When it comes to emotions at work, there’s rarely a happy medium. In some offices, your boss might send snaps of her weekend getaway in Vegas, or your coworker might send twenty texts about how Susan ate his clearly labeled lunch…again. Other offices are buttoned-up emotional deserts, where crying is only allowed in the bathroom and you suspect your coworkers might be robots. Either extreme hurts employee health and productivity.
Liz Fosslien and Mollie West Duffy take a charming and deeply researched look at how emotions affect our professional lives and how we can navigate emotions at work. The modern workplace can be an emotional minefield (Do I shake my boss’s hand or give her a hug? Did I forget to mute my phone on the conference call?) filled with unwritten rules. As our jobs become more collaborative, complex, and stressful, effectively embracing emotion is more important than ever.
The book combines practical advice and scientific research to give you the tools you need. A sample:
* Forget “unemotional” decisions; there are none. In fact, rational decisions require you to acknowledge and examine your emotions. For instance, fear often indicates anticipated future regret.
* Real, valuable feedback is not going to feel like a gift. Realize that negative feedback often means the criticizer cares about helping you improve and is willing to bear the awkwardness of a difficult conversation.
* Stop letting someone else’s bad mood ruin your day. Emotions are viral– we catch the feelings of those around us. If you’re stuck next to a constant complainer, mentally remove yourself from the situation.
* Learn to communicate and interpret digital messages. That “totally normal” email you sent may be seen as hostile because you didn’t explicitly state your positive emotions (e.g., “I love what you did here!”).
Thanks to Fosslien’s sharply funny two-color illustrations, No Hard Feelings is a romp through behavioral economics, psychology, and organizational design.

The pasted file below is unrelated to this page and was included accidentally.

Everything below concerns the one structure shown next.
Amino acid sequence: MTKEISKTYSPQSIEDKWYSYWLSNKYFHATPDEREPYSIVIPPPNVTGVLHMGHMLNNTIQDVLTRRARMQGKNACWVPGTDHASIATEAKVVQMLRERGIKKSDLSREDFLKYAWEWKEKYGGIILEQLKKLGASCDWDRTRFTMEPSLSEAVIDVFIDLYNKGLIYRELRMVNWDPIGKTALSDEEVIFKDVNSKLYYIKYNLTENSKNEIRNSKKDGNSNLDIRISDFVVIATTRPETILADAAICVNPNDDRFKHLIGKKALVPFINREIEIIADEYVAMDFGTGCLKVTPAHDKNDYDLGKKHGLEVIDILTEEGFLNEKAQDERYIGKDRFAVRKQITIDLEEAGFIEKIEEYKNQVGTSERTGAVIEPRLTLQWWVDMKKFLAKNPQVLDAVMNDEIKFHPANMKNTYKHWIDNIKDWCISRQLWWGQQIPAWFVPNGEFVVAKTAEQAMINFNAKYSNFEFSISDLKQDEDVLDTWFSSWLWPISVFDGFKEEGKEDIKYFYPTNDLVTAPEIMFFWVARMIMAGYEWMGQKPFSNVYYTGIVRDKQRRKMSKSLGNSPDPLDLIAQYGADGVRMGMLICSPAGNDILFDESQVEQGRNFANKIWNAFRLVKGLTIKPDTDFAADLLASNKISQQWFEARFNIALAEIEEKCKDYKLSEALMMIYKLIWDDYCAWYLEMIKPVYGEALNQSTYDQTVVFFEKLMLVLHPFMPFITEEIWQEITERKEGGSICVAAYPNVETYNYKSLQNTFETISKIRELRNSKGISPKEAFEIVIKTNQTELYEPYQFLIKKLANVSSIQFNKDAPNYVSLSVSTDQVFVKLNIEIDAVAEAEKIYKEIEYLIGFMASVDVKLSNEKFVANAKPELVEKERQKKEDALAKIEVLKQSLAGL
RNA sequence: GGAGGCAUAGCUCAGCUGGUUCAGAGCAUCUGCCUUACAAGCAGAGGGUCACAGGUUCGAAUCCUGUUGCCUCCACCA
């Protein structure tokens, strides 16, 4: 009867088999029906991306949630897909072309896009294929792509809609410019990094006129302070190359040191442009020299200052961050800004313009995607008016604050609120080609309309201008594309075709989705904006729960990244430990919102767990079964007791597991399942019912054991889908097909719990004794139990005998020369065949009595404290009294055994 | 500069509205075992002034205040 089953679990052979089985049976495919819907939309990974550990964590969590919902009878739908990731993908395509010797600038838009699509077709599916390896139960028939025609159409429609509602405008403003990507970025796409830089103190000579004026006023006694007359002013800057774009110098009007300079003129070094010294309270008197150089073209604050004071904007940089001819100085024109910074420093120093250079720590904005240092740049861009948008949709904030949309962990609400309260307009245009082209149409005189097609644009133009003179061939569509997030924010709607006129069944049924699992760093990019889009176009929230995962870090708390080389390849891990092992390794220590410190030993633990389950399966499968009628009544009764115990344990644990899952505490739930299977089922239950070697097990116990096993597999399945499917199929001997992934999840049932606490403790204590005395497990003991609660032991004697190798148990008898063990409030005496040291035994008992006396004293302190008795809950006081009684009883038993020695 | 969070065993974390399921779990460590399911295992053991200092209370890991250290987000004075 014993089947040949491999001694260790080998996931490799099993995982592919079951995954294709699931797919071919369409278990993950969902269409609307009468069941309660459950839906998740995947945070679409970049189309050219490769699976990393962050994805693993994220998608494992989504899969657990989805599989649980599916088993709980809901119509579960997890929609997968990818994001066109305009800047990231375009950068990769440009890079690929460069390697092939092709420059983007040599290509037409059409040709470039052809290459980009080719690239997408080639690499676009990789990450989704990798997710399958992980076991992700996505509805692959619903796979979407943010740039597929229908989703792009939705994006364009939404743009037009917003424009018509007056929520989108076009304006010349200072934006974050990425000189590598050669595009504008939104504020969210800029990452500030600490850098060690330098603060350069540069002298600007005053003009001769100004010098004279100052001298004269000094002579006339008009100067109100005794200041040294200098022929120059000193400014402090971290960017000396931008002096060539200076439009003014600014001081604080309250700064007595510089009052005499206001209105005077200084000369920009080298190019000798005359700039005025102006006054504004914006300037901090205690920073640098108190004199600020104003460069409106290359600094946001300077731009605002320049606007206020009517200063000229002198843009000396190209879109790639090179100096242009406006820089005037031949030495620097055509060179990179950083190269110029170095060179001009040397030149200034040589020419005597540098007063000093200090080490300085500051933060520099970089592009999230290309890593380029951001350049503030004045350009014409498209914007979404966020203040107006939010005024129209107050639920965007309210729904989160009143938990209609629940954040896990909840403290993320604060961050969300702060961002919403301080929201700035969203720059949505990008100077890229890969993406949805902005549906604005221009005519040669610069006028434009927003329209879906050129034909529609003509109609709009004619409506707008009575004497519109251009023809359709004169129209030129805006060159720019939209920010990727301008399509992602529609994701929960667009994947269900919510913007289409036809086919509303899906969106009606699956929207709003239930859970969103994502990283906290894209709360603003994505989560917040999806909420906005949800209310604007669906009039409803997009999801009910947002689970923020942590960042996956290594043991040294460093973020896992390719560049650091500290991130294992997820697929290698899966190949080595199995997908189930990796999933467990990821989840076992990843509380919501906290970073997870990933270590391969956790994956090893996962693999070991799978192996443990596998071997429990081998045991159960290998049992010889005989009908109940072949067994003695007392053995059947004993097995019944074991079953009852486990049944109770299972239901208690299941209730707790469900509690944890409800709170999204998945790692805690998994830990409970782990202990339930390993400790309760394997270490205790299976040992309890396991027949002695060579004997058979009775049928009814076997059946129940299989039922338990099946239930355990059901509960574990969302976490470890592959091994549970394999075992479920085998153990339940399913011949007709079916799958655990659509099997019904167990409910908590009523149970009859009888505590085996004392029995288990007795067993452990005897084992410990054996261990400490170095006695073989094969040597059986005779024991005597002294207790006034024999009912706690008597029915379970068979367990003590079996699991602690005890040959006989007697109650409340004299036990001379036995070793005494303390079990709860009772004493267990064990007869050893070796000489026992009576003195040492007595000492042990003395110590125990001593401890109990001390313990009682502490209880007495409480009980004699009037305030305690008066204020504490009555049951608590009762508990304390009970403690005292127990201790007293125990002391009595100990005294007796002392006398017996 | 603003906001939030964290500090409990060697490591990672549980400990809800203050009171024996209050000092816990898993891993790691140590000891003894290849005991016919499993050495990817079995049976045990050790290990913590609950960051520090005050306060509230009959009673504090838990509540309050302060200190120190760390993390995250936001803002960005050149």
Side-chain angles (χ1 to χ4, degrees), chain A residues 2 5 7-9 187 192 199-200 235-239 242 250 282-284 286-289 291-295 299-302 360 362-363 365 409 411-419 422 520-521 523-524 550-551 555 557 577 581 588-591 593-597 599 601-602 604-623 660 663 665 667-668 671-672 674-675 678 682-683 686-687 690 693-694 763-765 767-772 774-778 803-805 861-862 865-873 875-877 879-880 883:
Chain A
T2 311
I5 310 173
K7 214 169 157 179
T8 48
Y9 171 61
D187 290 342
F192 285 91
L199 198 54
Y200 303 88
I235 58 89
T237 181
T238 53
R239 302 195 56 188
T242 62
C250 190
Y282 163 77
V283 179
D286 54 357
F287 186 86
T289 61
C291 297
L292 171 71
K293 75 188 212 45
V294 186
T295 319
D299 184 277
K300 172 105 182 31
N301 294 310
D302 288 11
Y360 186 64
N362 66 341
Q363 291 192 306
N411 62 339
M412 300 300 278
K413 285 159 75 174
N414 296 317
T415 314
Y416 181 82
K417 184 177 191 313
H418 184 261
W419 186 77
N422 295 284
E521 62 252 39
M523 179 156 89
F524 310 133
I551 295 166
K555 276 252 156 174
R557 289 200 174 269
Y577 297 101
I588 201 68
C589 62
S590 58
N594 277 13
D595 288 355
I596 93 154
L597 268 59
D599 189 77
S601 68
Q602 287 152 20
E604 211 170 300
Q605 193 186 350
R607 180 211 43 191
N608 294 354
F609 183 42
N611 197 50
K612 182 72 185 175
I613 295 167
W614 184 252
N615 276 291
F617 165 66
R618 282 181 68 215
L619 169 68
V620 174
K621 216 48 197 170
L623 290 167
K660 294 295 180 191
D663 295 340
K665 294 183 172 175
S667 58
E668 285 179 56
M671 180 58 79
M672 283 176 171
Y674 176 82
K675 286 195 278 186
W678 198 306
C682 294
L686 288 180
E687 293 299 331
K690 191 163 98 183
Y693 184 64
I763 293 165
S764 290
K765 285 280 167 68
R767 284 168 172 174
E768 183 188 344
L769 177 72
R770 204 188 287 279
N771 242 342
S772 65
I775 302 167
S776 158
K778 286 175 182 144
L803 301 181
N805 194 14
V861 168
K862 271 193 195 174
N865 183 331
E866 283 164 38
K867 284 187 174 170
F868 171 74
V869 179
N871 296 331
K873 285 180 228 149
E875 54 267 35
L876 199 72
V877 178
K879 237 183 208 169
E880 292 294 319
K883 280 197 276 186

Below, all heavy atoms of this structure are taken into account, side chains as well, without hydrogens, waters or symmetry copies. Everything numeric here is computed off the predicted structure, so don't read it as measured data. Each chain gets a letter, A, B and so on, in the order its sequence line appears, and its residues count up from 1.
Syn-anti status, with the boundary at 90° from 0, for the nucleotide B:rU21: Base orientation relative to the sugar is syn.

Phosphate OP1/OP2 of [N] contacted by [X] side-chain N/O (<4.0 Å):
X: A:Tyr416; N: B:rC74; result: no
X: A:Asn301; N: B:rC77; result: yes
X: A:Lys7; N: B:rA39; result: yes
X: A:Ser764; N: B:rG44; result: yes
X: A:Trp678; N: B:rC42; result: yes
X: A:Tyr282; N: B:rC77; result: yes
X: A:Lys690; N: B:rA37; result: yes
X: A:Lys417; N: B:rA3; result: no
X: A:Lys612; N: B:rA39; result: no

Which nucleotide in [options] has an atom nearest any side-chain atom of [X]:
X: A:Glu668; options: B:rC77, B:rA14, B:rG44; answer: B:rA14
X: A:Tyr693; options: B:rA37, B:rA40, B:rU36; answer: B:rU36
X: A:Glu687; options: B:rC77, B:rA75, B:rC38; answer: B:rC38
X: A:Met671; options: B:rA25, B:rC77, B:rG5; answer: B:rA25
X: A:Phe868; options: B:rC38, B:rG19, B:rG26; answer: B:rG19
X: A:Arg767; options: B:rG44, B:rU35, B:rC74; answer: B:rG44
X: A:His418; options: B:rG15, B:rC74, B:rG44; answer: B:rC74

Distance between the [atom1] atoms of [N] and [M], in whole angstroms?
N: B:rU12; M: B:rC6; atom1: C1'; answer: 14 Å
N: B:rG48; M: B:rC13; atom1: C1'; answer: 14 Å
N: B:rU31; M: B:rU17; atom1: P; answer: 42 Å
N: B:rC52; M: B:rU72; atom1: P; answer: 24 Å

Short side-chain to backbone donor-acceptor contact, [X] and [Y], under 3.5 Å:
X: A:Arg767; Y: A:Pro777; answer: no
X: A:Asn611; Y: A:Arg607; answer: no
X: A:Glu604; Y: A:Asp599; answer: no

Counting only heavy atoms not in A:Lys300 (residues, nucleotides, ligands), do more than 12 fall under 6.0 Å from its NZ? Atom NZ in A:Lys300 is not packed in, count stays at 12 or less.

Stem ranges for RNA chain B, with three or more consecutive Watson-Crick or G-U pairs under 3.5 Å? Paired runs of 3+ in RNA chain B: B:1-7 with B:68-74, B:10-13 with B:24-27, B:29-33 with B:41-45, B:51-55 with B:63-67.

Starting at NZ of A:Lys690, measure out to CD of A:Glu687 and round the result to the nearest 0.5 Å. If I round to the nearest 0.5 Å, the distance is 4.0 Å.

From breaking ground on our new home on Thayer Street, to the launch of new programs, 2018 was a big year for the Nelson Center and entrepreneurship at Brown. We took some time to reflect on the top ten highlights of 2018. Enjoy!
Happy New Year!
-Nelson Center Team
Top 10 Highlights
1. Due to a generous donation from the co-founders of Casper, Luke Sherwin ‘12 and Neil Parikh ‘11, we started the Brown Venture Prize. Three ventures took home $50k in total prizes: Trang Duong ‘18 from Penta; Jack Roswell ‘18, Julian Vallyeason ‘18, and Alex Zhuk ‘18 from Cloud Agronomics; and Michelle Petersen ‘18 from Textup.In case you missed it, watch the evening of pitches.
2. We broke ground on our new center building. Watch the live progress!
3. In conjunction with the Slater Fund, we awarded $50k to our first ever Brown Venture Founder to Michelle Petersen ‘18, co-founder of Textup.
4. Hosted our inaugural Entrepreneur in Residence, Jessica Kim ‘00, co-founder of Ianacare. She also was the keynote at this year’s Startup@Brown Conference, hosted by our student club, EP.
5. Founder Fridays made a splash this year! Among others, we hosted Michael Slaby ‘01; Chuck Davis ‘83; and co-founders of Dogfish Head, Mariah Calagione ’93 and Sam Calagione. We even partnered with the Watson Institute for a podcast with Slaby.
6. Assistant Professor Jennifer Nazzareno joins the Nelson Center team and the School of Public Health for a dual appointment, offering new classes for students. She also leads the Nelson Center’s Entrepreneurship Research Seminars.
7. Launched the first ever International Synapse in Barcelona over spring break. Students had so much fun, we’re going to Barcelona again in 2019 and added a new trip to London. We also have other international programs, where students can get internships in Israel, Sweden, and Germany.
8. Brown University student ventures continue to thrive in 2018. Join us in cheering on Textup (RI Biz Plan Competition Winner); Cloud Agronomics(Collegiate Inventors Competition and Impact Challenge); ReliaBra (Get Started RI Pitch Competition); Formally (EMRG) and goTeff (Hult Prize). Also, be on the lookout for the winners of the RI Elevator pitch competition.
9. Welcomed 14 ventures into the 2018 Breakthrough Lab Accelerator. These ventures tackled everything from low-cost prosthetics, to immigration form accessibility, to supermarket inventory optimization. Watch the pitches here.
10. Students enrolled in new entrepreneurship courses! Howard Anderson’s course ENGN 1931Q: Entrepreneurial Management in Adversity and Dr. Banu Ozkazanc-Pan’s course, ENGN 1931N: Building Entrepreneurial Ecosystems for Economic Inclusion. ENGN 1931N was such a success that the Venture Capital Inclusion Lab spun out of the course. Dr. Ozkazanc-Pan received funding from the Kauffman Foundation and the lab will continue into spring 2019.